From the moment I started up Mothergunship for the first time I knew it was going to be intense. Just looking at the title screen gives you an idea of the overwhelming madness you are agreeing to by pressing “Play”. Immediately after starting the game you are thrown into the tutorial, which plays out the same way the rest of the game will. Having the tutorial missions play so similar to the rest of the game may lead you to believe this game will be predictable. I can not express how wrong you would be for thinking that.
Throughout Mothergunship the player must make their way through procedurally generated rooms filled with robot aliens. What you use to eliminate your foes is entirely up to you. Mothergunship answers the question, “What do you do if you can’t decide on a weapon of choice?” by allowing the player to throw on as many guns as you can fit, as long as the barrels are pointed forward. I spent quite a bit of time in the armory trying out different combinations of weapons and mods. I will admit that a healthy portion of that time was spent trying to fill the entire screen with weapons… I did it.
Arguably the best feature in Mothergunship is the weapon-crafting which allows the player to well… craft weapons from the parts they have collected by completing missions. At the beginning of each mission the player selects a few weapon parts to take with them. Instead of using an ammo system, Mothergunship, uses what is referred to as “energy”. Weapons can be fired until you run out of energy but you will then have to wait until your energy bar fills back up to begin shooting again. The bigger the gun, the more energy it will consume per shot, so balance is key. The best method I found was to build two weapons so I could alternate firing for the length of time it took for the other energy bar to refill. While I did enjoy not having to worry about reloading, I did sometimes find it difficult to watch the energy bar while trying to dodge ever projectile fired at me. I also spent a good amount of time in the armory trying to build a weapon that would use all of my energy in one shot… I did this too.
The way Mothergunship is played is by going from room to room usually defeating all the enemies in the area before progressing. However, killing all the enemies is not a requirement and sometimes it’s easier to just run for the exit and live to fight another room. Each room is separated by a small passageway where the player can take a second to catch their breath. These small corridors act as a loading area for the the next room, where the player can check out some of their current stats like shots fired, damage done, damage taken, and my personal favorite, amount of jumps… yes this game tracks the amount of times you jump. One feature I really appreciated from this game, was the “threat level” it gives you before open the doors to the next area, which lets you see how difficult the next room will be. While this system of using the small room as a loading area is nice, I found it kind of repetitive. I would have appreciated them having some other use besides giving me somewhere to stand.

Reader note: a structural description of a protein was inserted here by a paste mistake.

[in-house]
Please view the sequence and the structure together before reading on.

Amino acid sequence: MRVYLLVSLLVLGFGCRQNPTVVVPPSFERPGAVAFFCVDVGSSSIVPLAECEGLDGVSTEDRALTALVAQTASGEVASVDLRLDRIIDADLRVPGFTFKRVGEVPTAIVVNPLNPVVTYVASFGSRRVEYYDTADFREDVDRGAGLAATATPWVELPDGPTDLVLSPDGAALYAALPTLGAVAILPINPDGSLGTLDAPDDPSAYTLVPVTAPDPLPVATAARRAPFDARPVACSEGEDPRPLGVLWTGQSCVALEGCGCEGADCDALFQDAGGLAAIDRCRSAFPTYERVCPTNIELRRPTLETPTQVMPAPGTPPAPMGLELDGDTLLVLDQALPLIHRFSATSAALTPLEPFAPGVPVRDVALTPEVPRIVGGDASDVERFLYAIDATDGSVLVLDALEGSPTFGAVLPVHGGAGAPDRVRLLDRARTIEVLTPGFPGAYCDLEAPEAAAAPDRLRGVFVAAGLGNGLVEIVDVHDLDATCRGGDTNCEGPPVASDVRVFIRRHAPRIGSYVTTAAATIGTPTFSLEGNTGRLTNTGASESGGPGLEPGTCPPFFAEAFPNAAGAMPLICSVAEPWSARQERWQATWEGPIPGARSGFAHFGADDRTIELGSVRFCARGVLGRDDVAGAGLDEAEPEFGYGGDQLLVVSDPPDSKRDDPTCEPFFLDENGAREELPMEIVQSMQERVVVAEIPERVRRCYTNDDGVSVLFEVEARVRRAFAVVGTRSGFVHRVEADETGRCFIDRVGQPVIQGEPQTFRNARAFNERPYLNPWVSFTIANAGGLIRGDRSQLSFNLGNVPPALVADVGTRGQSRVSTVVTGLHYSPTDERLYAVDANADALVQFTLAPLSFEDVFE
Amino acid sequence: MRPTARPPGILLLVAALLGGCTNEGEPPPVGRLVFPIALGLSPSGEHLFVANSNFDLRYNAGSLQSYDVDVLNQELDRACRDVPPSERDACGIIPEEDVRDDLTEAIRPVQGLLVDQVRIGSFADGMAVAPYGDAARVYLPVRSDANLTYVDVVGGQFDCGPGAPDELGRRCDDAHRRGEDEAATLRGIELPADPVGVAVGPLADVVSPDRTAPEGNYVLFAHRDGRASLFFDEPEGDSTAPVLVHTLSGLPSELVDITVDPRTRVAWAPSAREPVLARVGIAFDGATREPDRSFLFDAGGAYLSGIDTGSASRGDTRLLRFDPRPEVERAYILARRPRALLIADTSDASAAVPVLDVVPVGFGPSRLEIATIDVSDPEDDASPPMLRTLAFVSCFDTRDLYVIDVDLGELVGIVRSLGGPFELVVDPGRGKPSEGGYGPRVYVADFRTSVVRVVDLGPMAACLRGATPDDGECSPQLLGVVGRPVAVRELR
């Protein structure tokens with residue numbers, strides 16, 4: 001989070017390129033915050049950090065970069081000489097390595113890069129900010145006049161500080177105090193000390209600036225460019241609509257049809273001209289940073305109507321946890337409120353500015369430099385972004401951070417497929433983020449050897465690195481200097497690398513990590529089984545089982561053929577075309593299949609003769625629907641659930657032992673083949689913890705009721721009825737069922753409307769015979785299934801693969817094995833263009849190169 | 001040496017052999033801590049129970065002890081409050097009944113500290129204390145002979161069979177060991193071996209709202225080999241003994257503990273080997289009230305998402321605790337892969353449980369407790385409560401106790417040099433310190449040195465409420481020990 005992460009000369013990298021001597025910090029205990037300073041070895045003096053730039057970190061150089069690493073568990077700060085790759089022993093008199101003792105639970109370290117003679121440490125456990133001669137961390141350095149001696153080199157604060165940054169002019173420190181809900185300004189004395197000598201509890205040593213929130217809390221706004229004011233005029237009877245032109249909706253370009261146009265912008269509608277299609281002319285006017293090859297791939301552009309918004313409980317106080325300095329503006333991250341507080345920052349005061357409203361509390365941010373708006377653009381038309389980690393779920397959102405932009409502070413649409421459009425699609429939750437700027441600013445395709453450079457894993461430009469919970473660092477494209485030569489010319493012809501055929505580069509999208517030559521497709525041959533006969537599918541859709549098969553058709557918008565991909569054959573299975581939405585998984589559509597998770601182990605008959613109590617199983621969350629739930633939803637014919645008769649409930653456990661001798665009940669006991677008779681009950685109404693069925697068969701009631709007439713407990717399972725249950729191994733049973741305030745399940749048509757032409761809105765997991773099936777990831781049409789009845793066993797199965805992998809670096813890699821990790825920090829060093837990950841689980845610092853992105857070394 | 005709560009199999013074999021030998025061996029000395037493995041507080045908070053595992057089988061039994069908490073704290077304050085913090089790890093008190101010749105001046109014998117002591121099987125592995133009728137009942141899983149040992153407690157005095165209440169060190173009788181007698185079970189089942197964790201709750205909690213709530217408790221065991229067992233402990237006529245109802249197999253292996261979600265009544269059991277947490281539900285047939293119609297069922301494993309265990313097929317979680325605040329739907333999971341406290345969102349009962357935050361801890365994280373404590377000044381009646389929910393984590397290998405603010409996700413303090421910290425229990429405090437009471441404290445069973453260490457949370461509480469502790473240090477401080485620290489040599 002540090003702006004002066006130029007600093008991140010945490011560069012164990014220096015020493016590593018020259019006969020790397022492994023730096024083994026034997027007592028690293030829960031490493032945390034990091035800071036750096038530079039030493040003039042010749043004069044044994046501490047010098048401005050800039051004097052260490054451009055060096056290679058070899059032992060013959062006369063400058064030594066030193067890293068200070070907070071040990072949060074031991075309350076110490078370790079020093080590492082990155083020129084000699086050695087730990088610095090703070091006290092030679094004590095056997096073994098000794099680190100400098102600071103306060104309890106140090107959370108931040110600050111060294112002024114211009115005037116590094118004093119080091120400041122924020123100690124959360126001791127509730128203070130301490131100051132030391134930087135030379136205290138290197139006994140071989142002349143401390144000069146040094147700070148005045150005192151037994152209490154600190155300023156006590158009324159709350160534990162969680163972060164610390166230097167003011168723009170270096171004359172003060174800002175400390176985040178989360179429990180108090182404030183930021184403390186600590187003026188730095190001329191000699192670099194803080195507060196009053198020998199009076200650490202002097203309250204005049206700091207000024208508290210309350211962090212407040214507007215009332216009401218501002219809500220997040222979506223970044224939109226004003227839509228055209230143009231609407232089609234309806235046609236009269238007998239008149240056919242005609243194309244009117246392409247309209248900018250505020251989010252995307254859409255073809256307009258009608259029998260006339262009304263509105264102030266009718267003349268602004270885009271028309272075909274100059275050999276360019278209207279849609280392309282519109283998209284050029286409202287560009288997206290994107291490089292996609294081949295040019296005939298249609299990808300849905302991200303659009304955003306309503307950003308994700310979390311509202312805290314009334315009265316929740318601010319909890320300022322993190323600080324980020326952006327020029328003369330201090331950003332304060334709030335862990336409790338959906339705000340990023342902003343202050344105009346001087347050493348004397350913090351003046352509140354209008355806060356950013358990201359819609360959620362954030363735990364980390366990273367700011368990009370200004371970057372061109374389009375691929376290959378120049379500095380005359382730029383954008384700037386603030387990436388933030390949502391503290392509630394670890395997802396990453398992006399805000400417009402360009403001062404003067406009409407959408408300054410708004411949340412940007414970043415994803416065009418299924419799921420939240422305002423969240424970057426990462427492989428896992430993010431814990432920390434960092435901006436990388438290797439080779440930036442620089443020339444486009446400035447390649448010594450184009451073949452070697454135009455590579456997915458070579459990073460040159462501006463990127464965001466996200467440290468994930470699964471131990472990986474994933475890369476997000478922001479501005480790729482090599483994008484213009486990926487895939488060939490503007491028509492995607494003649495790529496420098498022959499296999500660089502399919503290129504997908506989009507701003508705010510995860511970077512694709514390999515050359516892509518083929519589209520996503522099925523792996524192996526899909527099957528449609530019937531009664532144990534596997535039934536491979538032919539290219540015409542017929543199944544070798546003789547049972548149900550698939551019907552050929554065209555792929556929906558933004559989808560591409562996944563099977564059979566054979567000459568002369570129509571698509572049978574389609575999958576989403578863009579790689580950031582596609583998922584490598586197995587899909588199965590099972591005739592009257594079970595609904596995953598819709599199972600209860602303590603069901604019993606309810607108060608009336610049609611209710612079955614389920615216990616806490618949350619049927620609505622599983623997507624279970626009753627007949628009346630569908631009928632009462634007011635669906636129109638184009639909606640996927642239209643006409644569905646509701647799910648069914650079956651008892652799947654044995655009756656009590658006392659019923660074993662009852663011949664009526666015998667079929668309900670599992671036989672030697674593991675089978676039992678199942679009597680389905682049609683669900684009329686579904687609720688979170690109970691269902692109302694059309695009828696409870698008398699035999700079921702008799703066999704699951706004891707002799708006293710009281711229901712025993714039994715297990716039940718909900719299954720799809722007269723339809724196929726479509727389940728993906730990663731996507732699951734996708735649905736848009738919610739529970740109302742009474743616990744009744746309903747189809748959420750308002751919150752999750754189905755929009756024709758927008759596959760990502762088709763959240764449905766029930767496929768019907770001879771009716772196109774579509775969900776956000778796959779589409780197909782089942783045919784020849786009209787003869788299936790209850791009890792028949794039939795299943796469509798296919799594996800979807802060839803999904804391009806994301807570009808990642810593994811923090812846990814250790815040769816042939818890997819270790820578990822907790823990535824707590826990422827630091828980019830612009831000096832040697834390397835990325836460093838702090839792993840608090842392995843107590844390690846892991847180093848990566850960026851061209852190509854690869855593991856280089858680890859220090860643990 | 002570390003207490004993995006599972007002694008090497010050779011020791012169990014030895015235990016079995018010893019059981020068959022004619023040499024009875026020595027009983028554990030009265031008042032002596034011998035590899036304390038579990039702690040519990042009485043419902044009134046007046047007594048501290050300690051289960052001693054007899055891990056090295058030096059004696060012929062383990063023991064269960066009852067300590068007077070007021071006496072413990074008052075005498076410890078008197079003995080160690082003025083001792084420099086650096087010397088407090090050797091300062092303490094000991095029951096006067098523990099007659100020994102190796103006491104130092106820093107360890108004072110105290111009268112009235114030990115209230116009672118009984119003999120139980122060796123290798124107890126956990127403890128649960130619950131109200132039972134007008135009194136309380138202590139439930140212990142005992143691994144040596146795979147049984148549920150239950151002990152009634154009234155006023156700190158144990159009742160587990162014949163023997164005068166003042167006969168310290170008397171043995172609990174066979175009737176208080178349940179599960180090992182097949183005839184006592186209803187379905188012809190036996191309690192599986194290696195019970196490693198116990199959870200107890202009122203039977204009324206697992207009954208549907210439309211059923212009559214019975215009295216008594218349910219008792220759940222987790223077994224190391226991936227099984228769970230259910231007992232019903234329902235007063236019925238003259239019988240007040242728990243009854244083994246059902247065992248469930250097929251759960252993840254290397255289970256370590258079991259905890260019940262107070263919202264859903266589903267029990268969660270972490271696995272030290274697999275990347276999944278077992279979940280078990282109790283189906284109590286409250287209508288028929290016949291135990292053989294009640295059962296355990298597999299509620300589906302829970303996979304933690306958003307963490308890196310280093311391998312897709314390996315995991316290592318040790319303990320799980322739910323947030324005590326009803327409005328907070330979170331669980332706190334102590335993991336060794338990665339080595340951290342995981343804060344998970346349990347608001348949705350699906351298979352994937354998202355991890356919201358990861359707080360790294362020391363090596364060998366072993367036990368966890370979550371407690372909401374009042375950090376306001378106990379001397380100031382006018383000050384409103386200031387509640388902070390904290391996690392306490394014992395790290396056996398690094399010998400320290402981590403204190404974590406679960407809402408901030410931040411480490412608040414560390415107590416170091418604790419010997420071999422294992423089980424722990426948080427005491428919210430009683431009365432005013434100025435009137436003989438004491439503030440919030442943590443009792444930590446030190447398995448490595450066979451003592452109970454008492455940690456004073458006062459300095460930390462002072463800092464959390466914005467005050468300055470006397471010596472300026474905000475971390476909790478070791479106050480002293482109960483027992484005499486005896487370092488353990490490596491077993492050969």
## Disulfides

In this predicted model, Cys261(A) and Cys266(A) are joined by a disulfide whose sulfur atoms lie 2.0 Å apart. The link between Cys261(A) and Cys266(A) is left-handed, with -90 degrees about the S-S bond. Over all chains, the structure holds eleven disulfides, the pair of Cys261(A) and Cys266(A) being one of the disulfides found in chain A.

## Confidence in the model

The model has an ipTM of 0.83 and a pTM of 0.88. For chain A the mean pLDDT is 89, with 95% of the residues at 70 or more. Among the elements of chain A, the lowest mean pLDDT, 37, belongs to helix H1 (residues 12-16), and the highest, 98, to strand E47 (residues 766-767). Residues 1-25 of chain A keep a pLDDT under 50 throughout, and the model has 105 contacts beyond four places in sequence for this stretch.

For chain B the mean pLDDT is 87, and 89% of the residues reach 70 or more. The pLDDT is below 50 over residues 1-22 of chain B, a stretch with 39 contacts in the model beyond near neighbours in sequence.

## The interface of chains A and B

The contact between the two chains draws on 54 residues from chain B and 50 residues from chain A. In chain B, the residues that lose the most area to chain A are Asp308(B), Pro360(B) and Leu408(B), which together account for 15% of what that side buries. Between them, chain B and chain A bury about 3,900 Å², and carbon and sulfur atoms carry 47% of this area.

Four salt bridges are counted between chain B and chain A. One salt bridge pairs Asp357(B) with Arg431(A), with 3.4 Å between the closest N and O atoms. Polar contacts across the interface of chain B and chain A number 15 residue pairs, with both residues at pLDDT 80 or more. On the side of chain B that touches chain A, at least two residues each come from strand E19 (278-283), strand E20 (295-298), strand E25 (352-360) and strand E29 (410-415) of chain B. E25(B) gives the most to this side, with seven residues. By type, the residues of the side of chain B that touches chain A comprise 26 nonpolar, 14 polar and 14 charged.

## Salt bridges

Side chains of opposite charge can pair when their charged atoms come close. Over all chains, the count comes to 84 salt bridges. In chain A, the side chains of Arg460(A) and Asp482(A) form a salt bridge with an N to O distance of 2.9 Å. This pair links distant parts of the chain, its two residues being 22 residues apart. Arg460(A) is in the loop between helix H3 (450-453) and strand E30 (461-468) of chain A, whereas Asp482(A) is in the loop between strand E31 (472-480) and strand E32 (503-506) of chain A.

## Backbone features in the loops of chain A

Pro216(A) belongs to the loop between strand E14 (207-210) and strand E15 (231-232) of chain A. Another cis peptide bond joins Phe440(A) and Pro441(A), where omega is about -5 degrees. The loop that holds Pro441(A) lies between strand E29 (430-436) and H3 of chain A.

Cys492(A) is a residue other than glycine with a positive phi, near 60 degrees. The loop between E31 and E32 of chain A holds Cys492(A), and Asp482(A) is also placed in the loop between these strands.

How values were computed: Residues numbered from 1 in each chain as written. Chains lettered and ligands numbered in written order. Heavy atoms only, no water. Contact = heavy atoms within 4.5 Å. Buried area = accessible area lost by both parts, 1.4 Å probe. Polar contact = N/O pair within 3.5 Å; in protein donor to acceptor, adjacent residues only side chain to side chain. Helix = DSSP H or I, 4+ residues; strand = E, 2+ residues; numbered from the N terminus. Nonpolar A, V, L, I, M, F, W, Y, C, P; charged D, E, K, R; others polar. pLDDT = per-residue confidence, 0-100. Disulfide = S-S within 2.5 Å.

Each room always has at least one exit door while some have several, giving the player a sense of choice on how to proceed. Some rooms are accompanied by a shop, which is only unlocked once all the enemies in the area are eliminated. Shops allow you to spend the coins you’ve collected throughout the current mission on more weapon parts, which can be added to your current load-out at the workbench in the back of the shop. Some of the exit doors have images that indicate they have something different to offer. Take the door with a 6 sided die on it; this indicates a random feature will be added to the next room, though it’s not always a fun surprise. Sometimes it will spawn an extra jump token for each enemy you kill, but other times it will cause fire to shoot out of the floor. Another room type are challenge rooms, which are indicated by two crossed swords on the front of a door. These challenges add an extra level of difficulty to a room by giving the player an additional condition; Upon completion of the challenge the player is rewarded with more coins. I would have liked something more than the currency I’ve already been picking up. It would have been nice to receive some extra weapon parts or a temporary buff of some kind.